It had been half a decade, from when I was nine until I was fourteen. Having forgotten so much, even the fine details of my perfectly lovely parents, it comes as a shock to me each time I find myself singing that alternate verse about tickling Harry. And only then does Dag come back to me in very fine detail, with all the missing scenes from my young life floating in and out of my consciousness as I reach into that bag and saturate myself with yet another silly drunken plum. And there he is, like Poppy, but on the dock, waiting precariously to find a place where he can float free of pre-conceived narrative and be just the way he wanted to be.

Sunday, August 21, 2016

by the gender neutral washroom i sat down and wept 

based on the following excerpts by Elizabeth Smart, from her long poem/novel

“Under the redwood tree my grave was laid, and I beguiled my true love to lie down. The stream of our kiss put a waterway around the world, where love like a refugee sailed in the last ship. My hair made a shroud, and kept the coyotes at bay while we wrote our cyphers with anatomy. The winds boomed triumph, our spines seemed overburdened, and our bones groaned like old trees, but a smile like a cobweb was fastened across the mouth of the cave of fate.

Fear will be a terrible fox at my vitals under my tunic of behaviour.

Oh, canary, sing out in the thunderstorm, prove your yellow pride. Give me a reason for courage or a way to be brave. But nothing tangible comes to rescue my besieged sanity, and I cannot decipher the code of the eucalyptus thumping on my roof.
I am unnerved by the opponents of God, and God is out of earshot. I must spin good ghosts out of my hope to oppose the hordes at my window. If those who look in see me condescend to barricade the door, they will know too much and crowd in to overcome me.”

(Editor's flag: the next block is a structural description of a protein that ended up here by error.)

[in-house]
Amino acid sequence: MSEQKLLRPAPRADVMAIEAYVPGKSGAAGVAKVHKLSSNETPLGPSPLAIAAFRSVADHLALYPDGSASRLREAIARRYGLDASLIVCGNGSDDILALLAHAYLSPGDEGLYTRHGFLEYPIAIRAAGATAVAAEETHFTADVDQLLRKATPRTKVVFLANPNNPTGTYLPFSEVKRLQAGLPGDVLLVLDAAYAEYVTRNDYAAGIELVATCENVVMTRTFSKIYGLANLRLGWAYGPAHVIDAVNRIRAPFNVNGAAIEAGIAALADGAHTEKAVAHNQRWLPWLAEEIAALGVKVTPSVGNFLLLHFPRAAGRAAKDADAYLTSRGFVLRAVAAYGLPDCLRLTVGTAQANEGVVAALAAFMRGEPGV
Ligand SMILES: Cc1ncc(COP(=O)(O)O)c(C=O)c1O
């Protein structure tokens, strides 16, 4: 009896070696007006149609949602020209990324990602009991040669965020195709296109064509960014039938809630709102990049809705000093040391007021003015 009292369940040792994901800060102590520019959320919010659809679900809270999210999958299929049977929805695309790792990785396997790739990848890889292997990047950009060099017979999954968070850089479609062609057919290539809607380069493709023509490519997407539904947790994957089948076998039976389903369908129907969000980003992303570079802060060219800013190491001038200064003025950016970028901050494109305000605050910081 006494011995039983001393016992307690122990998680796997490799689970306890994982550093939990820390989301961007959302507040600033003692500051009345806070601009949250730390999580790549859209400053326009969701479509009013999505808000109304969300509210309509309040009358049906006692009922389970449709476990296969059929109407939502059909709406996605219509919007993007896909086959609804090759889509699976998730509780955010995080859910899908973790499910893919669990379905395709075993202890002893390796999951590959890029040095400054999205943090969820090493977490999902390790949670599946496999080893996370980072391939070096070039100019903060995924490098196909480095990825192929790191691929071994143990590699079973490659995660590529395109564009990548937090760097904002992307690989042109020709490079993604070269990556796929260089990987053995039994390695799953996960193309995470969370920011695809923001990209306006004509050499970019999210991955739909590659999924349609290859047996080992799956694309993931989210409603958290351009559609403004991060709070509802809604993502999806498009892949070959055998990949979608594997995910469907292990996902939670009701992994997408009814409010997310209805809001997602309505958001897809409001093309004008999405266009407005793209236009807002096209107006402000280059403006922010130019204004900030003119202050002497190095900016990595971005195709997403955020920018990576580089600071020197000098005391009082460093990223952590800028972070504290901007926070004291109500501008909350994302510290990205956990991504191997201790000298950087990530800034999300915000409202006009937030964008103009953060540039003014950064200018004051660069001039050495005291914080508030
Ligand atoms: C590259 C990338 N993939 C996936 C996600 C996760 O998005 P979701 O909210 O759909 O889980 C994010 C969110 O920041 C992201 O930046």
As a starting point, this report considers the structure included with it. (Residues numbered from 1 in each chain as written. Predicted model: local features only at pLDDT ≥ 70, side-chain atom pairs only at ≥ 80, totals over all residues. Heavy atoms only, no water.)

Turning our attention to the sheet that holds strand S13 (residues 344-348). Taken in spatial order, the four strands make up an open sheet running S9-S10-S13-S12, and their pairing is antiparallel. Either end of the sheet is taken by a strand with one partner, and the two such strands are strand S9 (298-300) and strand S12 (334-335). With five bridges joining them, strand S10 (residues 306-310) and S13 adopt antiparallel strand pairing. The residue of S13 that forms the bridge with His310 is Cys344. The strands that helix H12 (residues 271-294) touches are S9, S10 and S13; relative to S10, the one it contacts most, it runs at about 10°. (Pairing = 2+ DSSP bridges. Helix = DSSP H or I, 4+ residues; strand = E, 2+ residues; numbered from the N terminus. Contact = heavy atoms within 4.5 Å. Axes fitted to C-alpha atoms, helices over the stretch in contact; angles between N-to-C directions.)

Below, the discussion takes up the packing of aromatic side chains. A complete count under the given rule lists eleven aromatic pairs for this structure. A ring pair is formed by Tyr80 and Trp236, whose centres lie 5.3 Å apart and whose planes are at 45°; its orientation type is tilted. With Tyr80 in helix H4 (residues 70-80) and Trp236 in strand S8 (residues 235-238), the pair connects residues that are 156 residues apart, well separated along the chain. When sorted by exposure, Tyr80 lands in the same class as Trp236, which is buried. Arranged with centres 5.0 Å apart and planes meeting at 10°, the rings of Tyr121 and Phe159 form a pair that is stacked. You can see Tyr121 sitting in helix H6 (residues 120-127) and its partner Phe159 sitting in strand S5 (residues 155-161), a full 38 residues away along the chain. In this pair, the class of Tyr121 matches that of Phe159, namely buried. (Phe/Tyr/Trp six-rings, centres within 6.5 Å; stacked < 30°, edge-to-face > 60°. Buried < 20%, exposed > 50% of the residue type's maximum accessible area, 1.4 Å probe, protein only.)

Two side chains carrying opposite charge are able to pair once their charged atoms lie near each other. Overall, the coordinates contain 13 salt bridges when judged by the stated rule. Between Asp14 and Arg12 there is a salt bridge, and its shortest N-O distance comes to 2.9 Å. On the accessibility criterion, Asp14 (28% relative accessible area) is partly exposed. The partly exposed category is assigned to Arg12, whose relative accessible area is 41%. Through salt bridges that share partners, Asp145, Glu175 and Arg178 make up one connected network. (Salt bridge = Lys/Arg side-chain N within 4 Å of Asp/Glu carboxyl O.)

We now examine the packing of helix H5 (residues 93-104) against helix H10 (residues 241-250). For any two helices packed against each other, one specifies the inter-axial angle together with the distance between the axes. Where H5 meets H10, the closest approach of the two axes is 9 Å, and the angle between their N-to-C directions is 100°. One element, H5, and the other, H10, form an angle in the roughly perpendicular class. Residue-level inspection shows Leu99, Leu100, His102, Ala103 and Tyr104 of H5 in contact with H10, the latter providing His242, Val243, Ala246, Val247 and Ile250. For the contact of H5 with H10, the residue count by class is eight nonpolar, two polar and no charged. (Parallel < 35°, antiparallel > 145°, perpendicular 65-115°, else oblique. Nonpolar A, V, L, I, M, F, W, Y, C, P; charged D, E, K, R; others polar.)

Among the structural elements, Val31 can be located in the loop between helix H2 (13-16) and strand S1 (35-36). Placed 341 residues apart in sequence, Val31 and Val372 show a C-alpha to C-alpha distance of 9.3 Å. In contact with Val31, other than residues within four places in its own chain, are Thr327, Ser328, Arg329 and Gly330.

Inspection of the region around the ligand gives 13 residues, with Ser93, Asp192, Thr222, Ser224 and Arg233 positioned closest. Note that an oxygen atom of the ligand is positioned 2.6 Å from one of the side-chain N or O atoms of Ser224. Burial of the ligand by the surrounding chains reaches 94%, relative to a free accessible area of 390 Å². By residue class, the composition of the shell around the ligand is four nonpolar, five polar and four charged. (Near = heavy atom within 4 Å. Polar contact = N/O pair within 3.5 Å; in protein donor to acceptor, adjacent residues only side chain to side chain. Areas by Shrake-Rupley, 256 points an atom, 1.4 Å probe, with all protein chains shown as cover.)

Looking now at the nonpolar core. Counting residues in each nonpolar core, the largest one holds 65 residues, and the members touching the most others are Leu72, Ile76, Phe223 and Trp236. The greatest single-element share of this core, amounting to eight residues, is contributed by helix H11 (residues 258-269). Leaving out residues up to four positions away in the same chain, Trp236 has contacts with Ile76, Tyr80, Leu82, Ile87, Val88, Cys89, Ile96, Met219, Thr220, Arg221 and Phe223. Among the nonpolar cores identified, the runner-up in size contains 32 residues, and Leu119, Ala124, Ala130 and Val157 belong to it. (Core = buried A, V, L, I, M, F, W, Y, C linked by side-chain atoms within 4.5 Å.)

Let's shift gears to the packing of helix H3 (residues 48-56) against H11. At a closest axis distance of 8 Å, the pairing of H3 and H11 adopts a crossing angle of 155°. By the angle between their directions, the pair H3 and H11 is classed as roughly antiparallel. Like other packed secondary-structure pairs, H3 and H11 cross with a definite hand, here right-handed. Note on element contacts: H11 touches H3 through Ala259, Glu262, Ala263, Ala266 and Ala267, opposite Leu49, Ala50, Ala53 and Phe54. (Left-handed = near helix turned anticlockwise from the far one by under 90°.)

The parchment philosopher has no traffic with the night, and no conception of the price of love. With smoky circles of thought he tries to combat the fog, and with anagrams to defeat anatomy. I posture in vain with his weapons, even though I am balmed with his nicotine herbs.

Moon, moon, rise in the sky to be a reminder of comfort and the hour when I was brave.”


"I have learned to smoke because I need something to hold onto."

                          Elizabeth Smart

I learned to have sex with strangers
I needed something to hold onto

among buttercups daisies snapping turtles sumach trillium 
lit by cancerous sun my tomb was laid 

beguiled by true love I reclined in poison ivy
by streams kisses as waterways wrapping my world

loves xenophobic warriors sailing in the last slave ships
intersective strokes through my blonde hair made a blue-eyed veil

keeping lightness at bay I wrote missives in my heart 
that blew like winds boorish triumph

my backbone bent by uncoiled limpet spines 
overburdening my bones groaning like young sap 

wrought from petrified 
yet willing limbs 

a ghosted smile locked against his mouth’s 
manly cave falling into heavens lips 

terrible foxy flesh licked at my vitals 
terrific beneath a tunic of behavioural prowess

Oh barren budgie - laugh, cry out, in the storm’s last hollow
be proud and flecked with yellow - blue with feathery shards of green

sing like birds in pursuit of nothing
gaining everything from flight

give me the why the how and when of courage
bravery resistance in the face of his tanned hips

no tangible resource rescued my slim adolescent sanity - 
I will not decipher codes that weeping willows thump upon 

my roof will be my ladder out of heaven 
into snake’s bold meadow unnerved by God’s lovers

God may favour  tone deaf throngs 
cannot hear the queer forest for the zany trees 

I will spin good ghosts out of hope 
opposing hordes at my window

If those who look in see his lust barricading my door 
they will know too little and damn me for my mis-confession  

crowding in to overcome me with their parchment sayings
i prefer the traffic of the night 

as dark as my conception 
of the price of love

smoky circles of thought combat the mist I weep 
in jets of intermittent spray anagrams to defeat 

the linguistic pleasure of anatomy - 
Lana, Anal, Ana, An, Alan, Al, Alana, Anala 

they hear her pronouns call 
in them in him

I pose with verbal weapons he divined me with